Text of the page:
Main Content

Content Text

March 23, 2018, China

Something old, something new

Christina Ching samples Guangzhou’s past and present on a whirlwind visit

Christina Ching

Guangdong holds special meaning for me.

My late maternal grandmother came to Singapore from the south-eastern Chinese province in the late 1920s.

Having heard stories about her rural home town, where she would climb trees and play in the fields, I was eager to see for myself what it was like.

Guangzhou — Guangdong’s capital and China’s third largest city — is now metropolitan, and bears little resemblance to grandma’s homeland.

I didn’t need to stutter in Cantonese to be understood by the locals, most of whom speak Mandarin.

The lively Shangxiajiu Pedestrian Street, located in Guangzhou’s ancient town of Xiguan, is an interesting blend of old and new.

I shopped for trendy Korean- and Japanese inspired togs in stores housed within historic Tong Lau buildings that meld European with Chinese styles. These shops sit comfortably alongside famous longstanding stores.

After the frenzy of Shangxiajiu, I took a leisurely stroll to Shamian Island, which was an important port for foreign trade from the Song Dynasty in the 10th century to the end of the Qing Dynasty in the early 20th century.

Mansions built by trading companies from Europe, the United States and Japan are today used as government offices and apartments, and also house restaurants, cafés and shops.

Shamian, which evokes a sense of old world Europe, has broad boulevards lined with trees and dotted with bronze sculptures. There are pretty manicured gardens with fountains and planters filled with blooms.

Peeves such as traffic jams and exhaust fumes don’t exist here.

Many locals come to enjoy a stroll by the water or a game of chess in the park.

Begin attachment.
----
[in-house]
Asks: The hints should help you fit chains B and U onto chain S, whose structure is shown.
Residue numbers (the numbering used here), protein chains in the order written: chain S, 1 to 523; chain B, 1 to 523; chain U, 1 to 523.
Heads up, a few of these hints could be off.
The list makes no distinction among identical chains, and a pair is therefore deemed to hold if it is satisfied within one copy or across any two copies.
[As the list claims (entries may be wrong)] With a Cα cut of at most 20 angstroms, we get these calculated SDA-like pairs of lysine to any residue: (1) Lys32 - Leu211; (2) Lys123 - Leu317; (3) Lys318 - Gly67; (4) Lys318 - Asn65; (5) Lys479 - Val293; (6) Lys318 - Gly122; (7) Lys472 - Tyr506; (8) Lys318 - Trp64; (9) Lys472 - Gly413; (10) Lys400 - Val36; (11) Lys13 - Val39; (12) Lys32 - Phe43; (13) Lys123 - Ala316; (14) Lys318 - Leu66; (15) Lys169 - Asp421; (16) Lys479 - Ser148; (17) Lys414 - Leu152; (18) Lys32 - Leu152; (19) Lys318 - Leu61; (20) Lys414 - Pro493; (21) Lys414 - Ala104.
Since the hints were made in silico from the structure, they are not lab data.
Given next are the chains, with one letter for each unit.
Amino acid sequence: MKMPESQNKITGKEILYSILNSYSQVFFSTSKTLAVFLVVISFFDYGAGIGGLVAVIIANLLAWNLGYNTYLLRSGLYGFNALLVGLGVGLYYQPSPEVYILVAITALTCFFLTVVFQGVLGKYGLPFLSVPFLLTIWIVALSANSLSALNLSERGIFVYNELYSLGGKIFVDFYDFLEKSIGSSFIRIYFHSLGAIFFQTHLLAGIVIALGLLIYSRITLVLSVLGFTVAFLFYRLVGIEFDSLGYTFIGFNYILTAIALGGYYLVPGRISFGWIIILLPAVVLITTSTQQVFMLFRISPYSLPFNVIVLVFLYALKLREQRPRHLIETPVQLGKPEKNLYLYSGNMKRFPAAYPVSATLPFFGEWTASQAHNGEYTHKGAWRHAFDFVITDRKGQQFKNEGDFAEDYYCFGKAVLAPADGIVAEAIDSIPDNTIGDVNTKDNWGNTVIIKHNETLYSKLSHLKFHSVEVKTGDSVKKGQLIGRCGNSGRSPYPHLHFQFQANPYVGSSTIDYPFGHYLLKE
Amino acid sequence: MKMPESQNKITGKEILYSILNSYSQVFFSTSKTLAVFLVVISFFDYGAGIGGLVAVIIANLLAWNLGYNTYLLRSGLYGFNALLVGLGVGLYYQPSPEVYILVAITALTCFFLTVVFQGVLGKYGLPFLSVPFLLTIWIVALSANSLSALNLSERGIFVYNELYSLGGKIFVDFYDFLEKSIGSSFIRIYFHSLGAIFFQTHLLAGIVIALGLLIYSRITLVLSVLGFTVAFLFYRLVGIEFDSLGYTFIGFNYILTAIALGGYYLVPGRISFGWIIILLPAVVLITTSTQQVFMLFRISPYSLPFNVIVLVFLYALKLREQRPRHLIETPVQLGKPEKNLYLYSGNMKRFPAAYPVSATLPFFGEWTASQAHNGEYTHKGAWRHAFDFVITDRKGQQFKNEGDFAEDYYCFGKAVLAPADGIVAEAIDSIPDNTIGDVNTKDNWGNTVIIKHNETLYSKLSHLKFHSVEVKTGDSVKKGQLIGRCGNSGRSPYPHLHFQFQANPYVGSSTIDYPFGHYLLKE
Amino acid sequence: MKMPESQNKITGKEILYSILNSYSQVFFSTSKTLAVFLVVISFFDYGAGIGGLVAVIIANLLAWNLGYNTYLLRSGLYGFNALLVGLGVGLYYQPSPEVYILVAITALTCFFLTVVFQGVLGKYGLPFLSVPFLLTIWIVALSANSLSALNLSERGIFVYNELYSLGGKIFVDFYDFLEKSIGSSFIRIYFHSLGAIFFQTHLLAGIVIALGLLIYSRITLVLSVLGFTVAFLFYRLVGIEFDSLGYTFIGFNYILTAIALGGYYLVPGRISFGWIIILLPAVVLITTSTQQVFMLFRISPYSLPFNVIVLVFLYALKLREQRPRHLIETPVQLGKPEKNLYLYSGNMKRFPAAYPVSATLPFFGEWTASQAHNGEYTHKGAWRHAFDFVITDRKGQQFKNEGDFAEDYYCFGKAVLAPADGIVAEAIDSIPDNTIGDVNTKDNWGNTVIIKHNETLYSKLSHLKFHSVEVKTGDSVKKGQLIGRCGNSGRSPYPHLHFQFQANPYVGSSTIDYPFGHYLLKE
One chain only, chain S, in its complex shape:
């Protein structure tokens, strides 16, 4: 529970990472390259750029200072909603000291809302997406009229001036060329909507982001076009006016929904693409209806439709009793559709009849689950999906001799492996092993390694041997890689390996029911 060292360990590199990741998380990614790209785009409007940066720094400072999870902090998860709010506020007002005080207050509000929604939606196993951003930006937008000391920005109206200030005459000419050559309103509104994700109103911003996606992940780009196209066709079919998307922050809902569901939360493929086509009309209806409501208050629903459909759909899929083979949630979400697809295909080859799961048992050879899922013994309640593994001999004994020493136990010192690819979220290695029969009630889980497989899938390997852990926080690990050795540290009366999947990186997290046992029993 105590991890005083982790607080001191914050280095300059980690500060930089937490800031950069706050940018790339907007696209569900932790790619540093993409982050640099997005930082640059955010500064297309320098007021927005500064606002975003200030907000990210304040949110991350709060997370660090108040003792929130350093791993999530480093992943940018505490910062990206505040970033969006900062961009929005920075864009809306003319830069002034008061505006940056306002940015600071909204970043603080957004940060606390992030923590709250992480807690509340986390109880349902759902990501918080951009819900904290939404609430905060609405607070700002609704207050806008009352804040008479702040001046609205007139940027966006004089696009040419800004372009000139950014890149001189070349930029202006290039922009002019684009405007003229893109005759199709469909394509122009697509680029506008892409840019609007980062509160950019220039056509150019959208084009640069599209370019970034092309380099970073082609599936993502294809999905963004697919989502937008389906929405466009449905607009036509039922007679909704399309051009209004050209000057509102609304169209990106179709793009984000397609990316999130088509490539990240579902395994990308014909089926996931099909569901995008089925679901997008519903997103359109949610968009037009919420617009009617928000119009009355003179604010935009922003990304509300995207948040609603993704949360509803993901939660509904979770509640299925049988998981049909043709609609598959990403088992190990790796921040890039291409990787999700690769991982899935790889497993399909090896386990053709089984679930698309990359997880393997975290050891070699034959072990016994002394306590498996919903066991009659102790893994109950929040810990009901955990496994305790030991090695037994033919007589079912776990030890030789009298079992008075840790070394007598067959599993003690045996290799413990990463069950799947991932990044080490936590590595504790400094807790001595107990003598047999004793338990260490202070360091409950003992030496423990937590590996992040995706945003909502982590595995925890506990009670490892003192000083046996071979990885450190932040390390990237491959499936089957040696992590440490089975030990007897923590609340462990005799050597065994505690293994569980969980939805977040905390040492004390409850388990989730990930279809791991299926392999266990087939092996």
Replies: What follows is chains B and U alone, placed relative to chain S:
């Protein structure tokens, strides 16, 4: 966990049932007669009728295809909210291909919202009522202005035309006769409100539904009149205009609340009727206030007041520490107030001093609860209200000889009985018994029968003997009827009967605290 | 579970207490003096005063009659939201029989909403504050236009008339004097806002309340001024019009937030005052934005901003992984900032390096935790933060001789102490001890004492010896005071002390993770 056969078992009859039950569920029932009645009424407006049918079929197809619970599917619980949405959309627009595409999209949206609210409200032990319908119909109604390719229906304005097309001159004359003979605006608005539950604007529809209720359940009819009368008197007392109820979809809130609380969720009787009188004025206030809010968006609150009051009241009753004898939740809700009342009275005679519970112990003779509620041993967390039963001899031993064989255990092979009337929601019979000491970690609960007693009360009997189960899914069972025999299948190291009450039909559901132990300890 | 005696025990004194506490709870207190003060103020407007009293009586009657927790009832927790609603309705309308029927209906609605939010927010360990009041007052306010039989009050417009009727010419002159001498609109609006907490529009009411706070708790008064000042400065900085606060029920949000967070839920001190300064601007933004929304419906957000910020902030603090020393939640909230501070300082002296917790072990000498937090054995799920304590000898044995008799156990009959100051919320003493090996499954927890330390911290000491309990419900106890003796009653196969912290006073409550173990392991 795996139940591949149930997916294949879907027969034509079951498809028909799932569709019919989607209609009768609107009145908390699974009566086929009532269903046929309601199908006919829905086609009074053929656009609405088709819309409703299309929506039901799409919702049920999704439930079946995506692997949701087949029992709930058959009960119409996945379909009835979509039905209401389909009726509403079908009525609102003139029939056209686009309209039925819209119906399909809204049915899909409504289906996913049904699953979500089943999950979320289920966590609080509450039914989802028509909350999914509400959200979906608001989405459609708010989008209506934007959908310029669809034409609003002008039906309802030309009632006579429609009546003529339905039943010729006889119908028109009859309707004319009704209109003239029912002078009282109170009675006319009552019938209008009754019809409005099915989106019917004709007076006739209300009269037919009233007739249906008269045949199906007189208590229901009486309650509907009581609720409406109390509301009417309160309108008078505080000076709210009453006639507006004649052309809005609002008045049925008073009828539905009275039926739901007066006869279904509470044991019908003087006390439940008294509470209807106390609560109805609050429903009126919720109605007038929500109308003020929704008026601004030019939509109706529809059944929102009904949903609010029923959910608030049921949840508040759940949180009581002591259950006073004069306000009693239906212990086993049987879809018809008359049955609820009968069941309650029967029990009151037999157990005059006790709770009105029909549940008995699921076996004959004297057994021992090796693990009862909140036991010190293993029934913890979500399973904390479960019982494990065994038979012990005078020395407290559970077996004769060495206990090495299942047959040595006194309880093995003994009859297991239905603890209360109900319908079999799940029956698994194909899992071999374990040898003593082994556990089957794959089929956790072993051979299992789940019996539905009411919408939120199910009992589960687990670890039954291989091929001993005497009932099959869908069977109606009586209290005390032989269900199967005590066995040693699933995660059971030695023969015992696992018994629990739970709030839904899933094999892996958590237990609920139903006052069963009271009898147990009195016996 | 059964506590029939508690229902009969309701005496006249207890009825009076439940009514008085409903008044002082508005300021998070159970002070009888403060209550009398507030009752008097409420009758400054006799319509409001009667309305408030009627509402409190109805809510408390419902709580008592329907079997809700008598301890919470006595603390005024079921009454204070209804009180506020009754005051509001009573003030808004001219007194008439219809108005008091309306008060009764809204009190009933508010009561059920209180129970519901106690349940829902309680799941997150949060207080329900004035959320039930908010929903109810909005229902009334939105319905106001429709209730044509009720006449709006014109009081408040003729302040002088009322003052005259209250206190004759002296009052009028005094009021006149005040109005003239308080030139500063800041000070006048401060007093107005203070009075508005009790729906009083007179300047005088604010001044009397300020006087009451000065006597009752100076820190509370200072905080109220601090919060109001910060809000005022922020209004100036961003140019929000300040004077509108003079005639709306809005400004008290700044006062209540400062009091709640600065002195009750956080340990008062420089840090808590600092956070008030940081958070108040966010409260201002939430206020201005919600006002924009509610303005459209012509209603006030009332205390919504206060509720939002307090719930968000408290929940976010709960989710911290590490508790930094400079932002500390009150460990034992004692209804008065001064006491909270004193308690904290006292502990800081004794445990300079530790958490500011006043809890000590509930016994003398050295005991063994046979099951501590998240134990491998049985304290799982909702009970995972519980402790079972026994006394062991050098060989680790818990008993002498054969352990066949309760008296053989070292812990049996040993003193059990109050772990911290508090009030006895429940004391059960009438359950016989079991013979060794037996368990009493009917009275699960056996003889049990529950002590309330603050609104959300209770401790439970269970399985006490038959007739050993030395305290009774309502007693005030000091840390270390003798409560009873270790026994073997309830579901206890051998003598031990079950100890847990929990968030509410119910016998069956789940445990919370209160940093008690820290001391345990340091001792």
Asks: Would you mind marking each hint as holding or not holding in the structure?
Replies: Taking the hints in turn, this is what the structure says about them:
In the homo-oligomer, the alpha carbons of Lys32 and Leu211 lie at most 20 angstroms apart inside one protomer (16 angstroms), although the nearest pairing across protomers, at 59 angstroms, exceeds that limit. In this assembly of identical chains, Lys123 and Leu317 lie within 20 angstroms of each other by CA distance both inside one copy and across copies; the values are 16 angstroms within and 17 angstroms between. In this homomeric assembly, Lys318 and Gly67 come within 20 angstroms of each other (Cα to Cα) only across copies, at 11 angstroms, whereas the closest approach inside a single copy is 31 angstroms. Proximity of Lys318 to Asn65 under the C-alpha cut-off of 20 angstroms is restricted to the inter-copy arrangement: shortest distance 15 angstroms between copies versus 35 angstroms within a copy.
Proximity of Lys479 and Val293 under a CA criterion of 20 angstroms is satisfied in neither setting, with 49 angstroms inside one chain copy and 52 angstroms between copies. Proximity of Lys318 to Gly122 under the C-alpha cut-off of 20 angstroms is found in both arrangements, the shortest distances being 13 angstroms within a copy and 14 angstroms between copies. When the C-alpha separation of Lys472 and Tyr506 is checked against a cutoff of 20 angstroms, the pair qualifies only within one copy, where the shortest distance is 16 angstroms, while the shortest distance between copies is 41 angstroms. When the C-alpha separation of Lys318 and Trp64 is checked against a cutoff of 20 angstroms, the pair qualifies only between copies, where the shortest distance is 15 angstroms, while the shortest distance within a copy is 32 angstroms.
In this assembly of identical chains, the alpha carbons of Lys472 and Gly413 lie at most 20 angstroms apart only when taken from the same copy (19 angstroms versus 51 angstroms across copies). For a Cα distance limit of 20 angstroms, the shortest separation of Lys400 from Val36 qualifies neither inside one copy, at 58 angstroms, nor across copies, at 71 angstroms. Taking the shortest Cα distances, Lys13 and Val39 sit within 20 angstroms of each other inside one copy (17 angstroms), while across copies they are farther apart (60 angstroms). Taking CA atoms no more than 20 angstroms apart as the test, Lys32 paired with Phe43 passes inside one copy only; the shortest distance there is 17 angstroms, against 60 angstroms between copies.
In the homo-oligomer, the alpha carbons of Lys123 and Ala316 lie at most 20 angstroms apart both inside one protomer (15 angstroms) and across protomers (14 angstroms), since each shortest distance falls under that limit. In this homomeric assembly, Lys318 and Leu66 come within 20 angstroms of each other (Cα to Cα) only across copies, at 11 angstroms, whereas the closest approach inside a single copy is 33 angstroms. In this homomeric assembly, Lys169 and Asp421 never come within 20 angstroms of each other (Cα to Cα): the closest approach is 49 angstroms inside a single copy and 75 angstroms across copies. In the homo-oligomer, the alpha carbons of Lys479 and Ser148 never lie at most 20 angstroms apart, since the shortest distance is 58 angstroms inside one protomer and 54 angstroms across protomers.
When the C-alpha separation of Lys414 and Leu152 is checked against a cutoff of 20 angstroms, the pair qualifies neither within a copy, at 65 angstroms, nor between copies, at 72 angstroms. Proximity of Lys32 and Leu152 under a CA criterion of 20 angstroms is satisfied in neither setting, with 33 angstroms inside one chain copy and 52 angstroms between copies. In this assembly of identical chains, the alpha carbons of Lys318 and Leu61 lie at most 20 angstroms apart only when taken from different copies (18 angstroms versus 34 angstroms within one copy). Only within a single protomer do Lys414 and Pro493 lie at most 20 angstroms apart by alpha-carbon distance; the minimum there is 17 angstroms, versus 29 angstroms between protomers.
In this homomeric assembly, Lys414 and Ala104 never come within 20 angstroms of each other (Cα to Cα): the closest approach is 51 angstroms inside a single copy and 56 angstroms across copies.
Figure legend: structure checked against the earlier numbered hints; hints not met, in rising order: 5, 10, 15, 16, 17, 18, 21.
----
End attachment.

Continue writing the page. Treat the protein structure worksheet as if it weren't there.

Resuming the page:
Dining also beckons — French, European and Cantonese cuisines are aplenty.

I homed in on local delicacies. The typical Cantonese dishes served rekindled memories of the meals that grandma used to whip up.

I closed my eyes for a moment, as the whiff of nostalgia overwhelmed me.



■ Shamian Island in Liwan District:

Stay at the White Swan Hotel (1 Shamian South Street), Guangzhou’s first five-star hotel, which offers rooms with river views.

■ Pearl River night cruise: Cruise China’s third longest river. Hop on a boat to see the city’s buildings and bridges lit up at night and the sky painted in different hues.


■ Lan Kwai Fong restaurant in Shamian (5 Shamian South Street): Savour its famous roasted pigeon and other homecooked-style Cantonese dishes including double-boiled soups and braised duck.

Zhen Gong Fu: Have a quick yet wholesome meal at this well-known local fast-food chain. Fuel up with Cantonese-style steamed meals, such as pork ribs with soya bean sauce and chicken with mushroom, and beef with pickled vegetable.

Shi Jiu Yong Fisherman’s Pier: Visit this old fishing port at Nansha (Haixiang Road) to taste fresh seafood and buy local products like red banana and lotus root.

Side Bar

Most Read This Month
Patagonia’s ice-carved waterways

Where waterfalls cascaded from fjordsides



Part 2: Finding bliss in Pinglin

THE rural town of Pinglin in south-eastern New Taipei City is worth a day trip, especially if you’re aching to see more of Taiwan outside Taipei.

Latest travel story
Party at Sea

Suriati Jamil offers eight reasons to experience It’s The Ship, the largest festival at sea in Asia

The great Greek escape

Jonathan Tan heads to Greece for a week of history, culture and some of the best seaside views in the world

Brighton by the sea

Ming E. Wong chills out in the charming English county of Sussex